German registry data show that 13% of patients had opted to undergo TAVI rather than conventional aortic-valve surgery, "a rate that is alarming and clearly a case of off-label use of the procedure if the EuroSCORE is below 20%," Gilard reports. In 2011, 30% of all aortic-valve repairs in Germany were TAVI procedures, vs 24% in 2010, Miller told heartwire.

Commenting on the FRANCE 2 results, Dr Grayson Wheatley (Arizona Heart Institute, Phoenix) agreed that the "most interesting aspect of the data was the significant increase in patient choice in favor of TAVI in patients who were a candidate for surgical aortic-valve replacement.

"This trend suggests that, even though the surgical outcomes in the lower-risk patients are improving and perhaps better than TAVI, patients are choosing TAVI. It is unclear what specific factors are influencing patient choices, but further insight into this process is warranted," Wheatley told heartwire . "We need to understand the specific factors that are leading patients with a EuroSCORE below 20% to choose TAVI. Perhaps future registries will capture that information. This information has global implications, since the TAVI procedure is still indicated for prohibitive-surgical-risk patients."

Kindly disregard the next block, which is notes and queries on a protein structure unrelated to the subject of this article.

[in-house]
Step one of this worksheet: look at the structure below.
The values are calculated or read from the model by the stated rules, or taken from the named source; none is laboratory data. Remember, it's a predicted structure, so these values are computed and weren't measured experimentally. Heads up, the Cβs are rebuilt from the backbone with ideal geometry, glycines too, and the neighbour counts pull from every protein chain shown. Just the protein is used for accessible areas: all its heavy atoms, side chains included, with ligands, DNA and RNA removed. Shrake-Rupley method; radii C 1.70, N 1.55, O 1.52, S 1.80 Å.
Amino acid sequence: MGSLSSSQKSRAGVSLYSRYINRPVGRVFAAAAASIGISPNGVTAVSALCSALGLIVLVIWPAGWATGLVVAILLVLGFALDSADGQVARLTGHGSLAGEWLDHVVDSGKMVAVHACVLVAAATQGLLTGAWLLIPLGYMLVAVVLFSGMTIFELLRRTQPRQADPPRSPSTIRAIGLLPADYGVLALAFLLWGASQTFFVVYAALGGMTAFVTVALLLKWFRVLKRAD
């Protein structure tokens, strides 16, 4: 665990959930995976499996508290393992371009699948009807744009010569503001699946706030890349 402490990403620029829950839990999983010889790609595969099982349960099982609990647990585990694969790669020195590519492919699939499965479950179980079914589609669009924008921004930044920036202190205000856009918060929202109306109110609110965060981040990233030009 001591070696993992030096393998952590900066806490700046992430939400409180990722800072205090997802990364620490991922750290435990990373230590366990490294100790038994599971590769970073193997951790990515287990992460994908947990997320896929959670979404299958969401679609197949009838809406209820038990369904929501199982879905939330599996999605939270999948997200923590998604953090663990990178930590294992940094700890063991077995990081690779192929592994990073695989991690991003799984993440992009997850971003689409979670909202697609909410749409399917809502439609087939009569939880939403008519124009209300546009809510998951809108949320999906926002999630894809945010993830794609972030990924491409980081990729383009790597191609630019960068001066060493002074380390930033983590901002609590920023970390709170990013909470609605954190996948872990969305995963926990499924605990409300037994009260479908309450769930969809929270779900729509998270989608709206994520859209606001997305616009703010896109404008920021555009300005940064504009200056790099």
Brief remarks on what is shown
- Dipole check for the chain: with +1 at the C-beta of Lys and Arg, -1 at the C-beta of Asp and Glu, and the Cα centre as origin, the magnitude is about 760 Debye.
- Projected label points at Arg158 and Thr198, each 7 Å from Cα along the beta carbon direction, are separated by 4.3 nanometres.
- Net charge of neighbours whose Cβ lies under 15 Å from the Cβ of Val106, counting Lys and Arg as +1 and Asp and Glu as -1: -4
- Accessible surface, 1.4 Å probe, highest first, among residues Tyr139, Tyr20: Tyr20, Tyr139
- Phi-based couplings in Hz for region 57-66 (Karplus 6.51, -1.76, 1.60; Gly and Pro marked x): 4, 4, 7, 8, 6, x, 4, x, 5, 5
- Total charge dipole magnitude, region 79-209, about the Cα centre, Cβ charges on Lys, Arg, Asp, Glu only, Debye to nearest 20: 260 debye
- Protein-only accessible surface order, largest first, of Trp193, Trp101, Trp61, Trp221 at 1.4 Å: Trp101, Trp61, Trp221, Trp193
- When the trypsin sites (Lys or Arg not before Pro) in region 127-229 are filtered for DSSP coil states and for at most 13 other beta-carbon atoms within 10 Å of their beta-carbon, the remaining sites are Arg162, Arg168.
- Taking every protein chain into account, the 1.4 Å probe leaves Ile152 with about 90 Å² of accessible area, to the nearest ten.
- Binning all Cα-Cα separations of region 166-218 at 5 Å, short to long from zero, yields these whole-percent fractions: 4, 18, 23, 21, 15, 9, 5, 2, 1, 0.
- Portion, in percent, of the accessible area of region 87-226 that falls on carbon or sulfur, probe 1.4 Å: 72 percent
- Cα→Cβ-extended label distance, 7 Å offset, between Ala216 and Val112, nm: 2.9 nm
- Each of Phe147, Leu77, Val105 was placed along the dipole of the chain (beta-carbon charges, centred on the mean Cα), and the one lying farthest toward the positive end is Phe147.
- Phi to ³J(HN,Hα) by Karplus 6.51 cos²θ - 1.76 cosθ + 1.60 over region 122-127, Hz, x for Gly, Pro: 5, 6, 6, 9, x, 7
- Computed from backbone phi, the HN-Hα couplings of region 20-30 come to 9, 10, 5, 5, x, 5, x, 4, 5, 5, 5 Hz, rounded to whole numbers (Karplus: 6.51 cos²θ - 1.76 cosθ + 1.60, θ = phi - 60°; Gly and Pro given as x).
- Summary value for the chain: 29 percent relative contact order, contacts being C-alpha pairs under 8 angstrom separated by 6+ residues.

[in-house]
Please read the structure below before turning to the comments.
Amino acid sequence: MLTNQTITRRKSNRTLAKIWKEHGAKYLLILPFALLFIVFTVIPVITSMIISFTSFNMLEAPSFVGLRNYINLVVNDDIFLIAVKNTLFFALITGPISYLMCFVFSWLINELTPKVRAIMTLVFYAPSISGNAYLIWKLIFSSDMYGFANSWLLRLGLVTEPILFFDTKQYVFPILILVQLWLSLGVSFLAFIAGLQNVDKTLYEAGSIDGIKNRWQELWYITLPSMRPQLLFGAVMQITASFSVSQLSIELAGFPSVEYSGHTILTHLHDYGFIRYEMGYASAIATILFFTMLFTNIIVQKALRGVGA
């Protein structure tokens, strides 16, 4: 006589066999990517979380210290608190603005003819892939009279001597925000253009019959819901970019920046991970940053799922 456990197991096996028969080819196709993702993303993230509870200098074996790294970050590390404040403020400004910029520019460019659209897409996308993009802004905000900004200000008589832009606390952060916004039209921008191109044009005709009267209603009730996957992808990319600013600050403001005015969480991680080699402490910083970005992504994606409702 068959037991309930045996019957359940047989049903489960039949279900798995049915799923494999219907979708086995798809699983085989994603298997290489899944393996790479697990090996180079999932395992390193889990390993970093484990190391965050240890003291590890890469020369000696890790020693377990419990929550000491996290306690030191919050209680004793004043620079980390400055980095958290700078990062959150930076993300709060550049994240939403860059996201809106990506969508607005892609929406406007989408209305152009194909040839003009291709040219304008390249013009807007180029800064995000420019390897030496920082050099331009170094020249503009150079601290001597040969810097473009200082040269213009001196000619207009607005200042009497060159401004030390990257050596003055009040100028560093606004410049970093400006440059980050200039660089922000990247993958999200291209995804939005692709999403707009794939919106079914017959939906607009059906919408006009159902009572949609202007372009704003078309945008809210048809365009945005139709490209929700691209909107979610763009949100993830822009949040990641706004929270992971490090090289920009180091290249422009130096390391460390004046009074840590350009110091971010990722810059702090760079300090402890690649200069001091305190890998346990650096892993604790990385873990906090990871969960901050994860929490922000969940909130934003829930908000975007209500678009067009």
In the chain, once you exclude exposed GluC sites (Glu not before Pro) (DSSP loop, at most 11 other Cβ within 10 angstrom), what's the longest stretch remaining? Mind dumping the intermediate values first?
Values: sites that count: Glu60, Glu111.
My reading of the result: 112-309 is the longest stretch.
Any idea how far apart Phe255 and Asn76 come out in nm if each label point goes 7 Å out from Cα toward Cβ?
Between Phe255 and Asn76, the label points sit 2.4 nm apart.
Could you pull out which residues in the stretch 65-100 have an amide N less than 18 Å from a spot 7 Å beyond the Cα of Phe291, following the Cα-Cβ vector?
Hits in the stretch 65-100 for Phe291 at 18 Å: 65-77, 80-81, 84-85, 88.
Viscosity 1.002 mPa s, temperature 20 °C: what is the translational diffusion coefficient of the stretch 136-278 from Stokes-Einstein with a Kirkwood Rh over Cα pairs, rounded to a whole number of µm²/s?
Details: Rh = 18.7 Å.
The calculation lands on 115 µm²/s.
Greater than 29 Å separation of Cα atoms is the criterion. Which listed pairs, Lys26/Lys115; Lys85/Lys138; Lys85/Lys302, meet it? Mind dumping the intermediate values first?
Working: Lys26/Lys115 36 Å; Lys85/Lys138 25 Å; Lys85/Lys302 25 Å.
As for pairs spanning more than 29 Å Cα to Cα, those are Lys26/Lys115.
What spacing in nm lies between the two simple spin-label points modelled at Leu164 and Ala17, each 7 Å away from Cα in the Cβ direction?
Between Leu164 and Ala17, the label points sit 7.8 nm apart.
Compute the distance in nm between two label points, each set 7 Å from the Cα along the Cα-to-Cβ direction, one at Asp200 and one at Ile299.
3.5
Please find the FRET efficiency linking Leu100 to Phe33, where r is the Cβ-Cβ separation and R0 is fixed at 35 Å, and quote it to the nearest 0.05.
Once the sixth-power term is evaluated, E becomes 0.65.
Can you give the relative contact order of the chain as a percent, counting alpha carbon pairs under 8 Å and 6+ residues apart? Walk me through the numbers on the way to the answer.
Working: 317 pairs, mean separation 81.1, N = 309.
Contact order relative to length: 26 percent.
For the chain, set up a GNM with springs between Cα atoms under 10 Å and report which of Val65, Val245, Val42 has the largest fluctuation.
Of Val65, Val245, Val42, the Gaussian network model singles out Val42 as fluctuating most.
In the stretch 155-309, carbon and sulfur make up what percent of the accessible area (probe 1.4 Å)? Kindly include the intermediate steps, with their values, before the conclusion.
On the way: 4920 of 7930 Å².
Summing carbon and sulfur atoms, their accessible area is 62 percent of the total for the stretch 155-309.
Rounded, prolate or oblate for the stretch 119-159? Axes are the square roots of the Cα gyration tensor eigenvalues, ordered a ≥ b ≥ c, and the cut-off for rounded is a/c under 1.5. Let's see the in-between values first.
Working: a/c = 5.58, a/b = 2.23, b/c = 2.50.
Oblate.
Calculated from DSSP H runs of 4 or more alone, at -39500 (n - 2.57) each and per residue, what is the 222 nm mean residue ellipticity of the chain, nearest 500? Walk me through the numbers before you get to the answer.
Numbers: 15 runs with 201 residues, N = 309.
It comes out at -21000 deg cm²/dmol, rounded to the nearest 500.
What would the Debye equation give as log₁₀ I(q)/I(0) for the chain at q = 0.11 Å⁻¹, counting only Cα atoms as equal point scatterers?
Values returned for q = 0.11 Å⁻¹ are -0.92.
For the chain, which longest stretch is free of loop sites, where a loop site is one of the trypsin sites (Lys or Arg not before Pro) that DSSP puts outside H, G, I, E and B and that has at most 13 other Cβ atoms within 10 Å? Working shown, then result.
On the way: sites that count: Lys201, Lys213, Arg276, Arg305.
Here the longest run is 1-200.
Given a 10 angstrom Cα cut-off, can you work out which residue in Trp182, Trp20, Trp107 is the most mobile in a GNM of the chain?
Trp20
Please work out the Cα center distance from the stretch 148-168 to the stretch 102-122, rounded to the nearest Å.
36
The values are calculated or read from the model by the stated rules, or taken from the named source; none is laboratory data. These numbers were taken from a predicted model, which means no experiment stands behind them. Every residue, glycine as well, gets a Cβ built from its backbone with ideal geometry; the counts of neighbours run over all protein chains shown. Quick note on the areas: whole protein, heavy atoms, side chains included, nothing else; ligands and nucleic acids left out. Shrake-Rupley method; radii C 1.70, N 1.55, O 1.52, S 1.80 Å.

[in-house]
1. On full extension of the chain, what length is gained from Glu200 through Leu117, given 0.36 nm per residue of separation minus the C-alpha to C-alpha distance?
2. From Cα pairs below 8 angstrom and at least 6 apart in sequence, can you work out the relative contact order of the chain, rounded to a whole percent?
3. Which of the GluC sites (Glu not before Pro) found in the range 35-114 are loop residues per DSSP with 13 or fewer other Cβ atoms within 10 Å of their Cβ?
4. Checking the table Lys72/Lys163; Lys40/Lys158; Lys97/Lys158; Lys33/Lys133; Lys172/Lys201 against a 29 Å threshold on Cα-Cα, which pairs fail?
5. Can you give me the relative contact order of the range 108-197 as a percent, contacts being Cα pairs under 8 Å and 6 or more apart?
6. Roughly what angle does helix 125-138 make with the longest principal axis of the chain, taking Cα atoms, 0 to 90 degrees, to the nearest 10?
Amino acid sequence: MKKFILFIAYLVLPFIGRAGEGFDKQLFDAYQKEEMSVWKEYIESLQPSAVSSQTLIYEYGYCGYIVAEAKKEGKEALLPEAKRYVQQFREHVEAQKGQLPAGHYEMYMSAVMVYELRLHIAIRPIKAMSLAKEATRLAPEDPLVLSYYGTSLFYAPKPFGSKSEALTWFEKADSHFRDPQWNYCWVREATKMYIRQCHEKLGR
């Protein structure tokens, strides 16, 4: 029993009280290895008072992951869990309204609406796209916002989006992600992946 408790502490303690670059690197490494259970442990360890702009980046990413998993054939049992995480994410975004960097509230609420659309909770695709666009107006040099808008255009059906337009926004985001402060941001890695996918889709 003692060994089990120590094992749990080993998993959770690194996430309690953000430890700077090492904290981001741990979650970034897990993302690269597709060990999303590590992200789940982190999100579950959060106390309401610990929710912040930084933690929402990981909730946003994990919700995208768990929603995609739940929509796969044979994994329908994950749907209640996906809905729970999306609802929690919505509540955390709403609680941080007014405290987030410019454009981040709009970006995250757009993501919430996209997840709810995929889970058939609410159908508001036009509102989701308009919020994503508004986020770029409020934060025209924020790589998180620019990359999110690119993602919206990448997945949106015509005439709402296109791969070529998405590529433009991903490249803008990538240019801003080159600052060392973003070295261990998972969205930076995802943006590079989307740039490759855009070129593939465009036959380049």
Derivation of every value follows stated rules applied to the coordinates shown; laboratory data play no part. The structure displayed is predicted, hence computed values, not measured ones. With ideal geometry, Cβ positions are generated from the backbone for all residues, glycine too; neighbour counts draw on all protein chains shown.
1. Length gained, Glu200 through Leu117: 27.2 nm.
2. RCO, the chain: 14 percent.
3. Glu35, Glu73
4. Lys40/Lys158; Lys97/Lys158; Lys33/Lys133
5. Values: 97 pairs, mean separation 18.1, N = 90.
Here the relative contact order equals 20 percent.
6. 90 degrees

Miller is an investigator for the PARTNER trial sponsored by Edwards Lifesciences and is a consultant to Abbott Vascular Structural Heart, Medtronic, and St Jude Medical. FRANCE 2 is supported by Edwards Lifesciences and Medtronic. Both Gilard and Wheatley say they have no conflicts of interest. Disclosures for the coauthors of the Gilard et al paper are listed on www.nejm.org .